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Home > The prevalence of recreational drug use, smoking and alcohol consumption in a low-risk Irish primigravid population.

Donnelly, Jennifer C and Cooley, Sharon and Walsh, Thomas and Geary, Michael and Sarkar, Rupak and Gillan, John and McMahon, Corina (2004) The prevalence of recreational drug use, smoking and alcohol consumption in a low-risk Irish primigravid population. American Journal of Obstetrics and Gynecology, 191, (6, Supp.), p. 124. https://doi.org/10.1016/j.ajog.2004.10.333.


To evaluate the prevalence of recreational drug use, smoking and alcohol consumption in a low-risk Irish primigravid population.

 

Study design

Eight hundred and ninety-four apparently low-risk women were questioned in detail in a confidential, private setting at their booking visit (<20 weeks) about current and previous smoking, drug and alcohol use. The inclusion criteria were Caucasian women with a singleton pregnancy, 16 to 40 years old, with no chonic medical conditions and no current drug therapy. Statistical analysis was performed using SPSS for Windows, version 11.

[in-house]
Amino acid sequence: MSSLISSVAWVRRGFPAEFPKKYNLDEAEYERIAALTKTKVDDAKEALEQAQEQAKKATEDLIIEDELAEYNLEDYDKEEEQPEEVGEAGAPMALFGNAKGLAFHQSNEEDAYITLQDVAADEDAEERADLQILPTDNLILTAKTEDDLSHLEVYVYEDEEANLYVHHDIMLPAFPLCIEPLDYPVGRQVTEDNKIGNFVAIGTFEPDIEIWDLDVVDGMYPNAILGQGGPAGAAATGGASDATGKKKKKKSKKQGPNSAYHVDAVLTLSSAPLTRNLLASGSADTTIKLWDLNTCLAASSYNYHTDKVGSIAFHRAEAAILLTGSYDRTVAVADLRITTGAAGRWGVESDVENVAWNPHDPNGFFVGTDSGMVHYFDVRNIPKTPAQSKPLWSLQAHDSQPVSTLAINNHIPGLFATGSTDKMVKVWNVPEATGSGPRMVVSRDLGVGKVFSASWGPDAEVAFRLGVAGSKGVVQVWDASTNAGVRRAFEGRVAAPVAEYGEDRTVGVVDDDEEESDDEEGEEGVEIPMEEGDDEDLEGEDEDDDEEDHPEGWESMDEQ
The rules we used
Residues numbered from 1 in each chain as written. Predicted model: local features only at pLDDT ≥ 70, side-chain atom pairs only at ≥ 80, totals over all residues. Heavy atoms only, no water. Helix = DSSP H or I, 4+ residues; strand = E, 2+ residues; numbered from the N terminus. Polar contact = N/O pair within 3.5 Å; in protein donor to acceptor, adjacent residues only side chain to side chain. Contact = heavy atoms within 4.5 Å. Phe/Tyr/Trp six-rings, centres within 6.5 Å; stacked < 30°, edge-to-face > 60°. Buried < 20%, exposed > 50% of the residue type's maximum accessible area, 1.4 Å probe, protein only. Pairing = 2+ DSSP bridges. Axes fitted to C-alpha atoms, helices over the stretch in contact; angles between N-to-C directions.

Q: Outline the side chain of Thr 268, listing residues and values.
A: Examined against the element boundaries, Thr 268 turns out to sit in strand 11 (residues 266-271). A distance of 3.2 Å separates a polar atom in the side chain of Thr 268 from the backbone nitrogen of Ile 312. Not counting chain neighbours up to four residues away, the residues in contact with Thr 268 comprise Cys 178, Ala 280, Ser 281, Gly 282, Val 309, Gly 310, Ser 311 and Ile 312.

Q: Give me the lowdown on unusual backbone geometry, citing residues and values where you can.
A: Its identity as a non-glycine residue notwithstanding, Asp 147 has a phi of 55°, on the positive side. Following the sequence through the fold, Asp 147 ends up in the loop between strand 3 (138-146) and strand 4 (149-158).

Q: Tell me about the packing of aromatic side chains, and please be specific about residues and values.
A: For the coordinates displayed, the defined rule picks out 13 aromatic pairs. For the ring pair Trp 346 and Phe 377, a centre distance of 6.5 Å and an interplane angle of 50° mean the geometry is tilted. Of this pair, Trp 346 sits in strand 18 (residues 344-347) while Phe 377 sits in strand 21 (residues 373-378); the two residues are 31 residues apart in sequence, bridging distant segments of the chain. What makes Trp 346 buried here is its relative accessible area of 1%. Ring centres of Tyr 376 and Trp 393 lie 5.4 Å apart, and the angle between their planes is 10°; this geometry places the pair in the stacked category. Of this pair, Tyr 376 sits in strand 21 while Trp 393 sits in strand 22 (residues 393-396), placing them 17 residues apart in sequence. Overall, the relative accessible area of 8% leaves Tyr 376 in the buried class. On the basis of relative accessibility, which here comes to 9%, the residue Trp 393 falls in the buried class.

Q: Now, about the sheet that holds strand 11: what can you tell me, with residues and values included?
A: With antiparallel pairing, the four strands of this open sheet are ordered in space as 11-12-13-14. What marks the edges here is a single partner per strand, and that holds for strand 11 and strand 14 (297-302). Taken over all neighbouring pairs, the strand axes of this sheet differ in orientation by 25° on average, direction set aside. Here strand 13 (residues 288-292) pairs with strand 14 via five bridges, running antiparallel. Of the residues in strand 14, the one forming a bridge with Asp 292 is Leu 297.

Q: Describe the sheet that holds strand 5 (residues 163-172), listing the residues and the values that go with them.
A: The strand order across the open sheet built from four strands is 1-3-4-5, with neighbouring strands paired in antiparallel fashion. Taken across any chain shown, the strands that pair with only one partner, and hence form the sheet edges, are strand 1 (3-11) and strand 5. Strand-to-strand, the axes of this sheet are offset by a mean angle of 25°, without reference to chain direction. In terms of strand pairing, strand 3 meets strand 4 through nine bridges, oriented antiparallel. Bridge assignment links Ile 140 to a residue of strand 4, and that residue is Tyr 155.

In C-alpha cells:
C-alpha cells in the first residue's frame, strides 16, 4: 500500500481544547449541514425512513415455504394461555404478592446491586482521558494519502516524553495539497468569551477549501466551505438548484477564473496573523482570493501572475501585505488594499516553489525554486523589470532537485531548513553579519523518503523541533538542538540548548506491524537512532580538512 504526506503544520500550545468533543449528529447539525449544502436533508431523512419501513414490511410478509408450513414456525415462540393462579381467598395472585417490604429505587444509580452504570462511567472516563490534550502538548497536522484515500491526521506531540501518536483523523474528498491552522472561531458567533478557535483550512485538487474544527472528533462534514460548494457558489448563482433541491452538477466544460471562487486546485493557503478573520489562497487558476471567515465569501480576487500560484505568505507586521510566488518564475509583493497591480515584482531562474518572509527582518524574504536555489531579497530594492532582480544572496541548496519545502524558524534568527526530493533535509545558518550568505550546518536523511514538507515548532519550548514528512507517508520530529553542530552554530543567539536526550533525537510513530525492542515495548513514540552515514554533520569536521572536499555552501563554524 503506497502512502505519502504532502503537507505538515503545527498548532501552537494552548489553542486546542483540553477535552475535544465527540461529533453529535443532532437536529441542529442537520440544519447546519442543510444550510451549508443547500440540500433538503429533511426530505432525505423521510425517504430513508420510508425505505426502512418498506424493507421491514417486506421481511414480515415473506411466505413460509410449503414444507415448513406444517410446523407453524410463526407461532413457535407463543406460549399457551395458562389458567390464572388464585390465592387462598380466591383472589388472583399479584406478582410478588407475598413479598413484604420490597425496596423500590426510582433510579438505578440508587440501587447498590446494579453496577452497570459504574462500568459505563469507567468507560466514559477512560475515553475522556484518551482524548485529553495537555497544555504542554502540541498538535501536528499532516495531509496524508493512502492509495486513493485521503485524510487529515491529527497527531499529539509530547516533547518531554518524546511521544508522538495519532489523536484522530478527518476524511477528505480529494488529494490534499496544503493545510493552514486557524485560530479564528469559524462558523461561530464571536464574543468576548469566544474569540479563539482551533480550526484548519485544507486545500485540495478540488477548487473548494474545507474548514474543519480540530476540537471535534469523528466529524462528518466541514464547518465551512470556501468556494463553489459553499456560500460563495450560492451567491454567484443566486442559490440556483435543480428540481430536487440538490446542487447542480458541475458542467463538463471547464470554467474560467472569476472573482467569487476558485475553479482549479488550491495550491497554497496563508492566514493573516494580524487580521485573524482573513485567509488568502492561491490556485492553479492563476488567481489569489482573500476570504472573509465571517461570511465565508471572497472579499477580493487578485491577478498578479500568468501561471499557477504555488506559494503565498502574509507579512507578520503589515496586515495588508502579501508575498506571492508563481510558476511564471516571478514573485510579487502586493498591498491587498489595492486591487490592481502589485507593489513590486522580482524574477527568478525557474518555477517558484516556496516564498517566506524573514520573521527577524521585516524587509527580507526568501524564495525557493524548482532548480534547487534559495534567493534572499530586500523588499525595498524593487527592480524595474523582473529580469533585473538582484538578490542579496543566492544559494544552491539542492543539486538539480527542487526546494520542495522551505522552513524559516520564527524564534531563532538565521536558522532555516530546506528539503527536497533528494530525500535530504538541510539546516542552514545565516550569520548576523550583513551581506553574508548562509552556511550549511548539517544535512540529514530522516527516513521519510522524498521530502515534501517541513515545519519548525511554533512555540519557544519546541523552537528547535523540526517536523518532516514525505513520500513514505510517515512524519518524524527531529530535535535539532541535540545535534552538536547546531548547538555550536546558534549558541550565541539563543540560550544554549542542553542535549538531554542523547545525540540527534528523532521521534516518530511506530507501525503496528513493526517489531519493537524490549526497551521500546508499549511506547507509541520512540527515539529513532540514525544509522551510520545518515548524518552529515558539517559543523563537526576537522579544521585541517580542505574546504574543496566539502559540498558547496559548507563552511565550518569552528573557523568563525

Results

Of the 894 women questioned, 186 (21%) had used recreational drugs prior to their first pregnancy. Of these 171 (92%) had experimented with marijuana. 102 (55%) had solely used marijuana, 5 women (3%) had solely used ecstasy and 3 women had solely used cocaine. Ten women (6%) admitted to use of at least one drug in the first trimester prior to a positive pregnancy test. Less than half of the women (380) had never smoked (43%), 257 (29%) were ex-smokers and 254 (28%) were currently smokers. Of the current smokers, 78 women (31%) admitted to smoking less than 5 cigarettes per day and 169 (67%) smoked more than 10 cigarettes per day. Of these women, 37 (22%) smoked more than 20 per day and 3 (1.7%) women smoked 30 cigarettes or more per day. Four hundred and eighty-eight women (56%) continued to consume alcohol during the course of their pregnancy. Ten women (2%) drink more than 10 units of alcohol per week and 445 (91%) drink 5 units or less.

 

Conclusion

These figures are similar to national Irish data in the non-pregnant population and suggest a worrying lack of knowledge of the potential harm associated with these risk behaviours during pregnancy.

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